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A4 Trial Getting Closer to a Cure


The 3-year A4-Trial is using solanezumab to slow memory loss caused by Alzheimer’s. See how this government-sponsored nationwide trial is making important new progress in the search for an Alzheimer’s cure.

The purpose of the Anti-Amyloid Treatment in Asymptomatic Alzheimer’s study (the “A4 study” for short) is to test whether a new investigational treatment, called an anti-amyloid antibody, can slow memory loss caused by Alzheimer’s disease.

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Amyloid is a protein normally produced in the brain that can build up in older people, forming amyloid plaque deposits. Scientists believe this buildup of deposits may play a key role in the eventual development of Alzheimer’s disease-related memory loss. The overall goal of the A4 study is to test whether decreasing amyloid with antibody investigational treatment can help slow the memory loss associated with amyloid buildup in some people.

The A4 study invites older individuals (ages 65-85) who have normal thinking and memory function but who may be at risk for memory loss due to Alzheimer’s disease, but have no outward signs of the disease to participate in the study. We seek to enroll 1,000 adults who have an “elevated” level of amyloid plaque in their brain. Physicians and researchers will use an imaging test called a PET scan to determine whether a potential participant has evidence of this plaque buildup. People who do not show evidence of elevated amyloid in their brains will not be able to participate, but may be asked to participate in a separate study. This group will not receive the investigational drug or placebo (i.e., an inactive substance designed to mimic the appearance of a drug), but will complete the same memory tests every six months to compare changes in cognition over time.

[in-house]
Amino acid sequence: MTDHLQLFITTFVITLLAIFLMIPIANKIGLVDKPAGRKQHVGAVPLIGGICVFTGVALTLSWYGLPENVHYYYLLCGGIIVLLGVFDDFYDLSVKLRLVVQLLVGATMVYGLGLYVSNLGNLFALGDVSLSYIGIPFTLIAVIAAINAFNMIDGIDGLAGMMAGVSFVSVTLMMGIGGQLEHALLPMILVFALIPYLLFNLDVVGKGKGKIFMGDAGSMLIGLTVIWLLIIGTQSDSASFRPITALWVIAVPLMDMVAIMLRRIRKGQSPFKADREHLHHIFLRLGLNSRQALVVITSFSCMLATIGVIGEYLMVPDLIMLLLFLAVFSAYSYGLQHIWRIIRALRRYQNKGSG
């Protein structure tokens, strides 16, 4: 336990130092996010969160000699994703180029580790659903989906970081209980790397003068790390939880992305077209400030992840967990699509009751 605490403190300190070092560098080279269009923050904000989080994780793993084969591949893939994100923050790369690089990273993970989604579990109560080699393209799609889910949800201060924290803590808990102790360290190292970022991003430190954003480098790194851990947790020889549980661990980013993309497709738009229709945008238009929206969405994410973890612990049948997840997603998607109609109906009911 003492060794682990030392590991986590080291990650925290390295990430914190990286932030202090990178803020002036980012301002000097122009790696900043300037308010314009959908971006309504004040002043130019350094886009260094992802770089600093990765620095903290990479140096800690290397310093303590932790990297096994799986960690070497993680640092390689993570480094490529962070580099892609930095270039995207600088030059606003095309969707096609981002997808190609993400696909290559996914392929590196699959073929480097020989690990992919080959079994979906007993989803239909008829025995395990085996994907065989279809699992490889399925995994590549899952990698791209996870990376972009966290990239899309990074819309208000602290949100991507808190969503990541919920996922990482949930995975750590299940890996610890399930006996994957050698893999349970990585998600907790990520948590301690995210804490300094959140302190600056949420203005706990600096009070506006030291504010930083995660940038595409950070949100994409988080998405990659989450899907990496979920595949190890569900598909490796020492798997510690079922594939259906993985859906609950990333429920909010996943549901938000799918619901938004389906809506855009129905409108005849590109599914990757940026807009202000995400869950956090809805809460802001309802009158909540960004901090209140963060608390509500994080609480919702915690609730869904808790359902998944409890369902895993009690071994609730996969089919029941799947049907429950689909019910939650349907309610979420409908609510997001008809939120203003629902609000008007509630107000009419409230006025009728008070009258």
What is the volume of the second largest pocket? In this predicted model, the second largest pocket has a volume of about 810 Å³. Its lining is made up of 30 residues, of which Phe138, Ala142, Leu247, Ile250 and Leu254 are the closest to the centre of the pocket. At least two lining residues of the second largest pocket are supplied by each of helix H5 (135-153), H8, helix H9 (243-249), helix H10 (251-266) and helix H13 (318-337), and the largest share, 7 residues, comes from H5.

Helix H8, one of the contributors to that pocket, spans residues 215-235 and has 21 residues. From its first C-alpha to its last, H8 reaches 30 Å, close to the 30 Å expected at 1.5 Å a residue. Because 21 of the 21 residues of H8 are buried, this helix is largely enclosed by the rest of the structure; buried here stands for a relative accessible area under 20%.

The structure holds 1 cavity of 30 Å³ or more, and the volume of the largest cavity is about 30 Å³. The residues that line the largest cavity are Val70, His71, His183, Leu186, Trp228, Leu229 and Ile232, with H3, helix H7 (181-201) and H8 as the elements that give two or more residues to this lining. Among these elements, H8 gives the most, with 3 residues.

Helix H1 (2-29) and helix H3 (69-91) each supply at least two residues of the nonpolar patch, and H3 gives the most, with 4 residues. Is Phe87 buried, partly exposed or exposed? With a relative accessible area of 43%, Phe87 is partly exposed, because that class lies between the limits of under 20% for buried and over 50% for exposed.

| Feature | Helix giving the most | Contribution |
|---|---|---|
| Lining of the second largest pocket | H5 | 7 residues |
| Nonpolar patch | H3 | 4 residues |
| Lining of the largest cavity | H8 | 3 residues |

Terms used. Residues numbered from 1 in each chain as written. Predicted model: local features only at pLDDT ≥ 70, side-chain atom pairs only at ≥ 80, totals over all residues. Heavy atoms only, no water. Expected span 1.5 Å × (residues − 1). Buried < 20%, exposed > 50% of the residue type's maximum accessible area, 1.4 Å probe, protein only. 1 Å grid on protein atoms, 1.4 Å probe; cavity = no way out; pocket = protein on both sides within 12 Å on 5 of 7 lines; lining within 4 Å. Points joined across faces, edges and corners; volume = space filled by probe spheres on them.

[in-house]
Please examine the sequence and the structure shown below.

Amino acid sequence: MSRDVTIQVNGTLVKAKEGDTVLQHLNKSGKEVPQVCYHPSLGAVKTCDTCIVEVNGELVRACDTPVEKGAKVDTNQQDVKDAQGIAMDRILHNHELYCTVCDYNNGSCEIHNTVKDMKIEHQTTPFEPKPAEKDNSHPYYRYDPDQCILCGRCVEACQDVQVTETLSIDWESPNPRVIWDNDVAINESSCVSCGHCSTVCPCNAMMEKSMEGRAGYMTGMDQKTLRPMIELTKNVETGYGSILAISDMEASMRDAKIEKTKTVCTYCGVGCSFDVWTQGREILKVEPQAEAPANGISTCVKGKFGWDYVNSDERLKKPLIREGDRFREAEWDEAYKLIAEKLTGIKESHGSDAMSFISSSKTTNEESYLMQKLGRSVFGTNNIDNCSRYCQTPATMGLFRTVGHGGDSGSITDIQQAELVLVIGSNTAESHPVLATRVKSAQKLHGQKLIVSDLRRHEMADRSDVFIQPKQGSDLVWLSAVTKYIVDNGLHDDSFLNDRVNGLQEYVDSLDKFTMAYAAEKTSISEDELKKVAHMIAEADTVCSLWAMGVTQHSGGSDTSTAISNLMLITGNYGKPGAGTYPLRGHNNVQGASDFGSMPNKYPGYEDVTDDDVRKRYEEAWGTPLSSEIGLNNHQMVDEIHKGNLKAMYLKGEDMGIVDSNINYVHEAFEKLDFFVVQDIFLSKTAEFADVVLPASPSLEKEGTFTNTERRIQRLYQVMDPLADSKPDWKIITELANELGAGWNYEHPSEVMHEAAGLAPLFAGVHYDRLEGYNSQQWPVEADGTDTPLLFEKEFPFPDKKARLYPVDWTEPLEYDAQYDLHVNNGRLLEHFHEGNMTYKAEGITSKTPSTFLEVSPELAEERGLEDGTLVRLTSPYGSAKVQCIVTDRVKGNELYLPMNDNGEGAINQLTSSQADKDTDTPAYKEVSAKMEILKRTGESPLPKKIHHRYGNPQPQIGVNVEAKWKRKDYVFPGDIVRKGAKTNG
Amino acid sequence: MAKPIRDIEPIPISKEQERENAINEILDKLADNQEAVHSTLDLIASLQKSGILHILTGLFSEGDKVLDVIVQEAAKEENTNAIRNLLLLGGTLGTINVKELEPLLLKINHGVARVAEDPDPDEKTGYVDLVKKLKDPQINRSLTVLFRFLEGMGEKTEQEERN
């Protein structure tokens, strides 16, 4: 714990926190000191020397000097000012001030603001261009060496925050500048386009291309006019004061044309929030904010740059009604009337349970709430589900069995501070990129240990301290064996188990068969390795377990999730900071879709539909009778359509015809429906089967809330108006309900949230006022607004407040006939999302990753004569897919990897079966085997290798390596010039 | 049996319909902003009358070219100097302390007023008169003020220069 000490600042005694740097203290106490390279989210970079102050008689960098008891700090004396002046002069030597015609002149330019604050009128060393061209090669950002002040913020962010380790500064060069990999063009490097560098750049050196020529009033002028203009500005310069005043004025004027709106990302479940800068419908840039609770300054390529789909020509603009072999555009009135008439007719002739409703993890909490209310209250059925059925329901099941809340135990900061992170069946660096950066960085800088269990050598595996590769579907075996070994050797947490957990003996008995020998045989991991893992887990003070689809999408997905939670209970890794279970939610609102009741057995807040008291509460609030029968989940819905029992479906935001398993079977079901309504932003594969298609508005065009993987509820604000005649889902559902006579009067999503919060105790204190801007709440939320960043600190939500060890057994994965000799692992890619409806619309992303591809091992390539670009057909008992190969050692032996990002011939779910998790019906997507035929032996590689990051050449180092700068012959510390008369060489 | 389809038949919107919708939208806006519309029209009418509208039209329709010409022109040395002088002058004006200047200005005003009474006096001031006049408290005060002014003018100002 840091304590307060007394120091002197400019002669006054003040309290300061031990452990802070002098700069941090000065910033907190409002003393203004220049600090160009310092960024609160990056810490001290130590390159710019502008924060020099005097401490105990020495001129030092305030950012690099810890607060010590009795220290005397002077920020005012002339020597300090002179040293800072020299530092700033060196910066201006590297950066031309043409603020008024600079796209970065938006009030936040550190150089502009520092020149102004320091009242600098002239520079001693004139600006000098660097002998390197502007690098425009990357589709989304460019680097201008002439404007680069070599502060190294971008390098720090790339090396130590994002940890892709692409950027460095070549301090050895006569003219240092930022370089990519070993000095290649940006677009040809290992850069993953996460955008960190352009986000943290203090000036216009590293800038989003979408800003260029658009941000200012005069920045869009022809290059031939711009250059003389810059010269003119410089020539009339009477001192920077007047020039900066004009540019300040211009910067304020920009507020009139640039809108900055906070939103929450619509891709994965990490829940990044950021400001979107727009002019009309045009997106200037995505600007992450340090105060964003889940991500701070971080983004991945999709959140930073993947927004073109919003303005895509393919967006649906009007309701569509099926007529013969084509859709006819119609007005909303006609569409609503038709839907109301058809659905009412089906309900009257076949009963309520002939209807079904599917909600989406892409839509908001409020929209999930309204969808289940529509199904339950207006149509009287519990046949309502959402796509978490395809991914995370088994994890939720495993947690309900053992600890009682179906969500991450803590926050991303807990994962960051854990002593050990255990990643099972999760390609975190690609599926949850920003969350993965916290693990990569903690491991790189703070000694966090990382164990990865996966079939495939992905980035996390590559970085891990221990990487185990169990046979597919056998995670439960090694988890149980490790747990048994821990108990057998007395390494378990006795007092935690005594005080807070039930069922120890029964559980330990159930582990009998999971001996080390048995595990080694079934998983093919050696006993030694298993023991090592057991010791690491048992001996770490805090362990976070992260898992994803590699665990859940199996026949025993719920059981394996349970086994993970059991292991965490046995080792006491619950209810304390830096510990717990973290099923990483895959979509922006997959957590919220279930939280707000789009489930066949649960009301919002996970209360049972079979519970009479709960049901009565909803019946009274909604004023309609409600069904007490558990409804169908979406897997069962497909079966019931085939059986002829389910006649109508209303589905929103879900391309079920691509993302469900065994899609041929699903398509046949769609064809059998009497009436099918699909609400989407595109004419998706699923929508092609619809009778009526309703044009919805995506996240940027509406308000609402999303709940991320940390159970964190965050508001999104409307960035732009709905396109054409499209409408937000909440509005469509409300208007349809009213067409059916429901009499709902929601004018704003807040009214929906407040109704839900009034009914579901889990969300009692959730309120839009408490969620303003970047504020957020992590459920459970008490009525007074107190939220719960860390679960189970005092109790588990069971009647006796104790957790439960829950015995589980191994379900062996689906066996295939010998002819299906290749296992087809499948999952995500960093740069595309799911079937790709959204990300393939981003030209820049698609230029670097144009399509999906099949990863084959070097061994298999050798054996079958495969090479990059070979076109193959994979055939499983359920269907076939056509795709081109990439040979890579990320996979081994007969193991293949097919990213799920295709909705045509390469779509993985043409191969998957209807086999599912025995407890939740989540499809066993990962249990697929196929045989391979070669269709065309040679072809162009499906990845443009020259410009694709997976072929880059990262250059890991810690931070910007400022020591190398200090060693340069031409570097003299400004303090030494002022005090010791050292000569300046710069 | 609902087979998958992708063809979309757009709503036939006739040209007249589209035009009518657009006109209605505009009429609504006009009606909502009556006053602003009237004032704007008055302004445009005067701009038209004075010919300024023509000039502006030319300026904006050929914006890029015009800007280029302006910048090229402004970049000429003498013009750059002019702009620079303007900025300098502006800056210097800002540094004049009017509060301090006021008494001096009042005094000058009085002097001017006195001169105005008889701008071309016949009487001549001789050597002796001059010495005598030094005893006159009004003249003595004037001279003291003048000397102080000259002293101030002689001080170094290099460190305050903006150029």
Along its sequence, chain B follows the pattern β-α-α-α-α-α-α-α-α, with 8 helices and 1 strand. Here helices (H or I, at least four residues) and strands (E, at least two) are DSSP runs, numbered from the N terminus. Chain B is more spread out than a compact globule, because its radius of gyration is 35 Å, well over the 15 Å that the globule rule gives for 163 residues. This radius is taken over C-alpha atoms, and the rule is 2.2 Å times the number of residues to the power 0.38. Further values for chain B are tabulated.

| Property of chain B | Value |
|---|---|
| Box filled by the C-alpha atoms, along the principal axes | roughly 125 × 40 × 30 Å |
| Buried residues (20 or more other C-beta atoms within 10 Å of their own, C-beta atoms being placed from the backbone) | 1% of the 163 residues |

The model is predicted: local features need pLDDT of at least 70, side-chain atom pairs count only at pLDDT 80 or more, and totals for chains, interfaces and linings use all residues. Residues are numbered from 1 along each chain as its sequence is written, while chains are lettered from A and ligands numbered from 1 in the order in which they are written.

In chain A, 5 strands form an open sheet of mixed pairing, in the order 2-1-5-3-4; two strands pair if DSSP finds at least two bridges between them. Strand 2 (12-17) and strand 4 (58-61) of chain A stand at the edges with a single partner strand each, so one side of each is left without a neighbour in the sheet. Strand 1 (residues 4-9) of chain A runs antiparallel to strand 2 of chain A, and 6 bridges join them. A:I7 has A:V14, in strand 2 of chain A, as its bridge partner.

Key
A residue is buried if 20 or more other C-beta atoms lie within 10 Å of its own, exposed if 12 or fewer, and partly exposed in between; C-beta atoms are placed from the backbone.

The A4 study lasts for three years, and participants will be required to visit the clinical research site once a month. Participants will be assigned at random to receive either the investigational drug or a placebo and will be monitored over the course of the three years. All clinical studies, including the A4 study, may involve some risks associated with participation. If you are considering participating in A4, you will have detailed discussions with physicians and research staff regarding the investigational treatment and other aspects of the A4 study.

Who is sponsoring the study?

The A4 study is a landmark public-private partnership, funded by the National Institute on Aging, Eli Lilly and Company, and several philanthropic organizations. The A4 trial is coordinated by the University of Southern California’s Alzheimer’s Therapeutic Research Institute, with study sites in multiple locations.


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June 24, 2016 7:38 pm

Searching in Google with the words "solanezumab failure",we can find scientific articles that shows that this "old failed drug" the solanezumab,do not works.For example the scientific article published in the New England Journal of Medicine, 2014" with the title:"Phase 3 Trials of Solanezumab for Mild l-to-Moderat Alzheimer's disease.Authors: Doody and colleagues,from the Alzheimer's Disease and Memory Disorders Center, Department of Neurology, Baylor College of Medicine, Houston ,U.S.A. ,where we can read% "Solanezumab, a humanized monoclonal antibody,that binds amyloid, FAILED to improves cognition or functional ability.
But there ate lots of texts in Google, about the solanezumab failures.

B. Berger

B. Berger

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